So, if you read my post earlier in the week, you’ll know that big changes are afoot in the New Year. You’ll also know why my writing world has been so moribund lately, and how my career has slowly diminished to the point that its sliding off the rails looked pretty much exactly like the train set fight in Ant-Man, with about as much impact on the surrounding landscape.
This is also a partial explanation as to why Five for Friday posts have been on hiatus for the last 3 months: Real Life ™ has pretty much eaten everything away.
Still, here we are. With the revelation that, all being well, I’ll be full-time Batthaim admin staff come February next year, it seems only fitting that the first Five for Friday post since that particular discussion be on the subject of just what I’ll be aiming to achieve in my two-year tour of duty amongst the housebound of outback Western Australia.
Five for Friday: Full Time Writing Projects
1. More Children’s Books
A bit of a no-brainer, this one. With Magrit doing well, and Ghost Tracks on the way to being submitted by the end of this year (all the issues I’ve had in the last 18 months having dented, but not destroyed, progress on this project), it makes sense to dust off some ideas I’ve had kicking around since my first post-Magrit-sale flush of enthusiasm and see them through to completion. In particular, I’m looking towards the following two:
The Boy From G.O.B.L.I.N.– a runaway and perpetual troublemaker is forcibly inducted into the Guild Of Beings the Lurk In the Night, a society of monsters tasked with ensuring the supernatural and the ordinary remain separate; and
Antimony Lavage: All Antimony wants to do is drive the train that clatters past the back of her house every day; the one that takes the newly dead and their grieving families from the Necropolis to the magnificent garden cemetery at the edge of the City. But the job is hereditary, and the family who owns it isn’t sharing.
2. Bear Hunts
A crime novel. Edward ‘Bear’ Burrage got out of the game when his mother fell ill. He moved them away from the city, settled in a nice, harmless, seaside town, and dedicated himself to keeping his nose clean and looking after her as the dementia slowly claimed her. When he loses his licence after foolishly celebrating a lottery win, he’s blackmailed into helping with a heist on a local Council. And when it goes wrong, and the pieces of his carefully constructed safety start shattering, Bear starts hunting down those responsible.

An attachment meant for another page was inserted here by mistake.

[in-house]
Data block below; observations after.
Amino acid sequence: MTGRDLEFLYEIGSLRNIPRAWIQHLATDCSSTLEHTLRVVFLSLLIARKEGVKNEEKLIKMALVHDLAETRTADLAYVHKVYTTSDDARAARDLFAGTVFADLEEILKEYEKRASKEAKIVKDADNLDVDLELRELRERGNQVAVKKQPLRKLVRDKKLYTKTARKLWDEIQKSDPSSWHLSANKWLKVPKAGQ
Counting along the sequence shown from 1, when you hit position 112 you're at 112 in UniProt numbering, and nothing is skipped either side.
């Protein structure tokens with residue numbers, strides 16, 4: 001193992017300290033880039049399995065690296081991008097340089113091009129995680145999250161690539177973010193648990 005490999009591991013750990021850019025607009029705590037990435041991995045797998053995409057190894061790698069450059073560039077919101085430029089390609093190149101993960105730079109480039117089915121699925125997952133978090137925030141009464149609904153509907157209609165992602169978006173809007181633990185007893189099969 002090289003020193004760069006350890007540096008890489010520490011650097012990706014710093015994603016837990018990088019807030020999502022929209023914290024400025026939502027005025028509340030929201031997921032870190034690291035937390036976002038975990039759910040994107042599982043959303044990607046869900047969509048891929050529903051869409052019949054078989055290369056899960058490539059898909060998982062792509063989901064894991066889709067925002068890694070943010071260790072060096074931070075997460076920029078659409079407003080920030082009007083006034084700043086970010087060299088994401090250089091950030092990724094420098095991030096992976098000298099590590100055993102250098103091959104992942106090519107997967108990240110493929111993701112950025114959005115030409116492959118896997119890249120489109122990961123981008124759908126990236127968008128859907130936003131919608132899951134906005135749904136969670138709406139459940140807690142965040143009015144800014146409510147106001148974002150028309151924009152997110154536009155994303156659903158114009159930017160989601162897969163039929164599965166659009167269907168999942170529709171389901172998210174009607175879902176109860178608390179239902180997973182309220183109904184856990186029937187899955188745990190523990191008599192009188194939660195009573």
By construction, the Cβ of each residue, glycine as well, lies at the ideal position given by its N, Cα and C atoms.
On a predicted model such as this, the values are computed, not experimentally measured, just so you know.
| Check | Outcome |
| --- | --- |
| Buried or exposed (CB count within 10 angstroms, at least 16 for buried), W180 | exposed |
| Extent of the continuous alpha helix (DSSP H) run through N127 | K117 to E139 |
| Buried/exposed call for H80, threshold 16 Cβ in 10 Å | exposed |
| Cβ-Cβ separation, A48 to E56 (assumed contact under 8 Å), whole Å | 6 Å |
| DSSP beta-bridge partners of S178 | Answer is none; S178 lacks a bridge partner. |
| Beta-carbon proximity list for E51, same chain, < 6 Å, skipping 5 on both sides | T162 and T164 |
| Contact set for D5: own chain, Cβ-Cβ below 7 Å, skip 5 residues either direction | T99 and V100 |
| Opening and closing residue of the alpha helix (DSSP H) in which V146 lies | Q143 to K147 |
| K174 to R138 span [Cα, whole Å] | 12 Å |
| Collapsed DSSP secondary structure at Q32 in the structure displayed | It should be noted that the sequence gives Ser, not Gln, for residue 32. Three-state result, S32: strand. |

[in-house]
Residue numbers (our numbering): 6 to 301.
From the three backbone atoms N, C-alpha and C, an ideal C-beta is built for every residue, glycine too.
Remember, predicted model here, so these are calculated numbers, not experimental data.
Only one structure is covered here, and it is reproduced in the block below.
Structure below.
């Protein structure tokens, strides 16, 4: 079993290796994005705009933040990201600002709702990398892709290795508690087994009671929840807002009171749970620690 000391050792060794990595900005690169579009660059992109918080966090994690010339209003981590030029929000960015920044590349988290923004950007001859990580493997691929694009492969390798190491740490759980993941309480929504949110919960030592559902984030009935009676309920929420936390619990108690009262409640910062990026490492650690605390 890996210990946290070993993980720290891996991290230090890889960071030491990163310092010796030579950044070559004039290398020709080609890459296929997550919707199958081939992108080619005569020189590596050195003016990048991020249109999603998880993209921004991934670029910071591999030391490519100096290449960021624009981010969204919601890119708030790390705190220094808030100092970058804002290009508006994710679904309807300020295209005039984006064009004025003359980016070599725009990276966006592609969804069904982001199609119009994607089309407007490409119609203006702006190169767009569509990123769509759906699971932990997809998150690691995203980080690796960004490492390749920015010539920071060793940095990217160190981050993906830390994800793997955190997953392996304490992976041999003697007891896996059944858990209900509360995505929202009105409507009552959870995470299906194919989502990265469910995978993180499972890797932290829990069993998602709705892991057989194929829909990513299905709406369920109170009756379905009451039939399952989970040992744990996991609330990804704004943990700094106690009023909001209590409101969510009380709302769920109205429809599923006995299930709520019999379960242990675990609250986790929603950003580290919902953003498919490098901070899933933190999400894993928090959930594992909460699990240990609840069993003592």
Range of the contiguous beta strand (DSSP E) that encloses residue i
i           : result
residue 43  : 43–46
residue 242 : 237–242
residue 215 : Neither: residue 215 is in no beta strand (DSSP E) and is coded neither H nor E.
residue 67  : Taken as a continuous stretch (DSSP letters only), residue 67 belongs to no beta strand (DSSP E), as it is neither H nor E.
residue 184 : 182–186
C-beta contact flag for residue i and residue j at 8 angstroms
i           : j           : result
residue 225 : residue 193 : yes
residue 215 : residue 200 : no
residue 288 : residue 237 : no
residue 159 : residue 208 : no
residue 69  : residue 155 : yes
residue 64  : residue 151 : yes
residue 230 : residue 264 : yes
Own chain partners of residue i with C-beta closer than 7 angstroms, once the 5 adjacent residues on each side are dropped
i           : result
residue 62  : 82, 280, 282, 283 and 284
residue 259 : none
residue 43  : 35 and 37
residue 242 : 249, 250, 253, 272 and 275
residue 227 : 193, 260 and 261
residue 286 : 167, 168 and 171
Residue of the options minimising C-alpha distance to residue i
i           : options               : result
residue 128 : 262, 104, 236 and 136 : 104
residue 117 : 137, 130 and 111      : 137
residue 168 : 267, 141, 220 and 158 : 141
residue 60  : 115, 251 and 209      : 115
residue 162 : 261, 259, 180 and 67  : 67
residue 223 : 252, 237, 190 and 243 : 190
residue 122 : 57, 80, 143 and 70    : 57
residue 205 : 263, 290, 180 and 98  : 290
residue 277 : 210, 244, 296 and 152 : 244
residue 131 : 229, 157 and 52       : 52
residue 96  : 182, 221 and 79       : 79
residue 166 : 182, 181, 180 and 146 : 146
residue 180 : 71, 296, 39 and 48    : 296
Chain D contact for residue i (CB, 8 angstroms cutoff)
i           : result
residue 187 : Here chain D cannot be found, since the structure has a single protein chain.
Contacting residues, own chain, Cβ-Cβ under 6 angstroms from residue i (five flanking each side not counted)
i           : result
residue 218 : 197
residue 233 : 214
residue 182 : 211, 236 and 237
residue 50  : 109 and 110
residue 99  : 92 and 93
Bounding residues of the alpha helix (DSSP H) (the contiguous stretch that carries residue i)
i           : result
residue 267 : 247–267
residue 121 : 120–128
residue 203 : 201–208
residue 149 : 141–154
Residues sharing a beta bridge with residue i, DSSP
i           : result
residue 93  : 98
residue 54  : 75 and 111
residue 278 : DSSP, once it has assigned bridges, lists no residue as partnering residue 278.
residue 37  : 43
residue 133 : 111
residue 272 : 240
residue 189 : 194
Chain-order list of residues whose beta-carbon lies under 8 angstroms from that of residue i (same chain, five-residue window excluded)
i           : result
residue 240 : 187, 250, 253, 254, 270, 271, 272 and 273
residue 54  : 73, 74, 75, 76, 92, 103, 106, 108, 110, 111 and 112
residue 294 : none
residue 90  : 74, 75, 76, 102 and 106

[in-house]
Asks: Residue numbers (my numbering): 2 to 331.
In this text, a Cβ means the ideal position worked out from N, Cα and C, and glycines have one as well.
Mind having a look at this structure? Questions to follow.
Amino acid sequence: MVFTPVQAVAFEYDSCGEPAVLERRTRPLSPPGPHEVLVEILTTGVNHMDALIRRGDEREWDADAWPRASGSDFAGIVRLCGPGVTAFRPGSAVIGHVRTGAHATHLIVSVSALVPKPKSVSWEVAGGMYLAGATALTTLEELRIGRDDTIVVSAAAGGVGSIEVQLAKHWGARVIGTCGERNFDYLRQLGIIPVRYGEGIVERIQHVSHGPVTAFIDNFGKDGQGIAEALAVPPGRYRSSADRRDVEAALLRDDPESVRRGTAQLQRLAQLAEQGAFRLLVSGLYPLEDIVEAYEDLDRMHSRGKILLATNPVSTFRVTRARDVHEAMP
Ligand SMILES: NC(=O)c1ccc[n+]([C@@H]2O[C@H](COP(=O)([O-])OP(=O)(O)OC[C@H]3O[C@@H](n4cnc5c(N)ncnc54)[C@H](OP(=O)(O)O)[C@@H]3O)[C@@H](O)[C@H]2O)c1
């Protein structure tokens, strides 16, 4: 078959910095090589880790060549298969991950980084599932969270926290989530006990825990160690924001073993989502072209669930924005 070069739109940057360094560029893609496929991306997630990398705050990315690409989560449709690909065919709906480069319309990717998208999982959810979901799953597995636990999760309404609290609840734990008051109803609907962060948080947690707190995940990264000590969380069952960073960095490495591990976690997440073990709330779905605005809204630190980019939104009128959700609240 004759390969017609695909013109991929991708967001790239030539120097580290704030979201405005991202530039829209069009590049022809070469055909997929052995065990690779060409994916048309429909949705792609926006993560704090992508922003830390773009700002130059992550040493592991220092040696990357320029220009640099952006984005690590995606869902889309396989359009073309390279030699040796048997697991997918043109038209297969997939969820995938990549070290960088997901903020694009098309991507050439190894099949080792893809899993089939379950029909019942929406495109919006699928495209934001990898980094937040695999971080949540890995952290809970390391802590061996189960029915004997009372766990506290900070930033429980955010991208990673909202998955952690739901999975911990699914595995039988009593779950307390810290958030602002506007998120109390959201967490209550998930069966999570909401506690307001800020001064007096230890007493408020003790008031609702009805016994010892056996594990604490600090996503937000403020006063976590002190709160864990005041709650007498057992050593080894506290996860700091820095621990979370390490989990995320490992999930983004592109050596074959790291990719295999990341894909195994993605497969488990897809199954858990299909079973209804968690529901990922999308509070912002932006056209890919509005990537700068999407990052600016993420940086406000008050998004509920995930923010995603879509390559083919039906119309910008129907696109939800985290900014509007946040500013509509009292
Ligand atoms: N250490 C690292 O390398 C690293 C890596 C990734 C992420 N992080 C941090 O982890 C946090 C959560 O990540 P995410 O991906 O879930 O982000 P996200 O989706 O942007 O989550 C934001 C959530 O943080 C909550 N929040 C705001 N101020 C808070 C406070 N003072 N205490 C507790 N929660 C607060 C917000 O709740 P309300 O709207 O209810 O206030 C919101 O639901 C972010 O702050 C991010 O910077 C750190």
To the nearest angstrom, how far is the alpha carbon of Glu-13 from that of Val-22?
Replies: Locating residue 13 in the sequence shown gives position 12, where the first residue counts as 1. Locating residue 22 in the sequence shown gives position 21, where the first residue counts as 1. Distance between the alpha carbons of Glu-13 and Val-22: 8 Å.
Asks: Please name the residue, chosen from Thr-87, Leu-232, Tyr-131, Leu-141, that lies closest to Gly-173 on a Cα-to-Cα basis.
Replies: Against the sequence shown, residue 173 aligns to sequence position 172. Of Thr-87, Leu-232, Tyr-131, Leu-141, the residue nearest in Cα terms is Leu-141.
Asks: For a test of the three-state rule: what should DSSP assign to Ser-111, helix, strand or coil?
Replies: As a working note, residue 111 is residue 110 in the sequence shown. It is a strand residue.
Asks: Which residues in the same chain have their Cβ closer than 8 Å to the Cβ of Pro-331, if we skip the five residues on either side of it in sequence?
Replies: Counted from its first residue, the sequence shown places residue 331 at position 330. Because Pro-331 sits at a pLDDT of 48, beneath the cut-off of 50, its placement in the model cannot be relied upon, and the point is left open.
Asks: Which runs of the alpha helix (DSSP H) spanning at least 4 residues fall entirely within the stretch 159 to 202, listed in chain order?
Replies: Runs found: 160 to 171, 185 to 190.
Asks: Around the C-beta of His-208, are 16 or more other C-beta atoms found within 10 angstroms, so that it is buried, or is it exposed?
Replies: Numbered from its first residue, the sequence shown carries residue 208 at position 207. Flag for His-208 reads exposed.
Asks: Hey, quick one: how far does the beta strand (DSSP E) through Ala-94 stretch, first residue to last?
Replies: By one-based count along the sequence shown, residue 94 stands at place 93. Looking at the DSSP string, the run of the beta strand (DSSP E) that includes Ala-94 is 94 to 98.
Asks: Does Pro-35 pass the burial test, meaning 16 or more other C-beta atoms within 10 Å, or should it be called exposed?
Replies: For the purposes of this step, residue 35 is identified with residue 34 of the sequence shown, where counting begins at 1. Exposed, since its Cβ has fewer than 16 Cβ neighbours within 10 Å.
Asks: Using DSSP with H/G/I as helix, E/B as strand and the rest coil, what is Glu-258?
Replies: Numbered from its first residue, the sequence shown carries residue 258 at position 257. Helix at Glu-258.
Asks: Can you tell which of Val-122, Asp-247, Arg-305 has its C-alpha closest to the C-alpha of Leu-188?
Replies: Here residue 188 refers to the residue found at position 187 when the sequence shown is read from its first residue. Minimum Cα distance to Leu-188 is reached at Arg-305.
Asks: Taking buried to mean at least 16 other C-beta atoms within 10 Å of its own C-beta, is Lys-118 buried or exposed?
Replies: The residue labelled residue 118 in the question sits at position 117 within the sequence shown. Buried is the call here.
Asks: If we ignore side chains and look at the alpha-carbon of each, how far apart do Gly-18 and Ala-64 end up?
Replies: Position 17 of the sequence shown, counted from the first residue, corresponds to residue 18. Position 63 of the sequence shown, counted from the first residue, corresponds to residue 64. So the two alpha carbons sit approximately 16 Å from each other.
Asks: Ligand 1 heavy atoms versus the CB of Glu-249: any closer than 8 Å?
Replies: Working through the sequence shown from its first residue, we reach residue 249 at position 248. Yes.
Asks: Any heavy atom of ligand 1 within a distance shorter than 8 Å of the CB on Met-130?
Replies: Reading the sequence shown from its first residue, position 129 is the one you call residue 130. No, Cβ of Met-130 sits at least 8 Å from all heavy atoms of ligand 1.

3. Tales of Nireym
Many years ago, I sold a fantasy story about a young scribe in a strongly patriarchal society, who stumbles across the story of a girl called Nireym, and how she escaped her role and started an underground movement of resistance among the women she met. It’s an okay story, and it makes a few points along the way, but I always felt there was more to it than the 4 or 5000 words I committed: the world-building had greater depth than the narrative, and I always felt it deserved more– there are stories and themes to be explored, cultures to be compared, a deeper and wider narrative to be unearthed. It would take a novel, and now it might just be time to write it.
4. The Canals of Anguilar
Similarly a story I wrote a couple of years ago for the Review of Australian Fiction, featuring a city entirely inhabited by cowards, which could only be reached when all other bolt holes had been dug out. Part dark fantasy; part crime story; part examination what exactly counts as cowardice and bravery, and how the two can be confused, the original story ran a shade over 8000 words, but never really explored the themes and setting to my satisfaction. Like Tales of Nireym before it, I came away feeling that I could have done so much more, given a longer framework. The difference is, I made a start on this one, before everything when splooey– there are nearly 12,000 words waiting for me to return to them.
5. The Claws of Native Ghosts and Other Stories
I’ve been chipping away at this one for a few years now: a linked collection of short stories, connecting events throughout the history of Western Australia by revealing a hidden, supernatural history running alongside, and affecting, European occupation. To date, 3 stories have seen print in magazine format: the titular tale, which concerns itself with the Pinjarra Massacre; Comfort Ghost, which intersects the current Fremantle Arts centre with its past as an asylum; and Disciple of the Torrent, about the Batavia Mutiny. A further story, centred on CY O’Connor’s suicide, is in the editing stage. Two years of uninterrupted research and writing should be enough to put together the 8 other events I have listed to work with, as well as any others my research might lead me towards.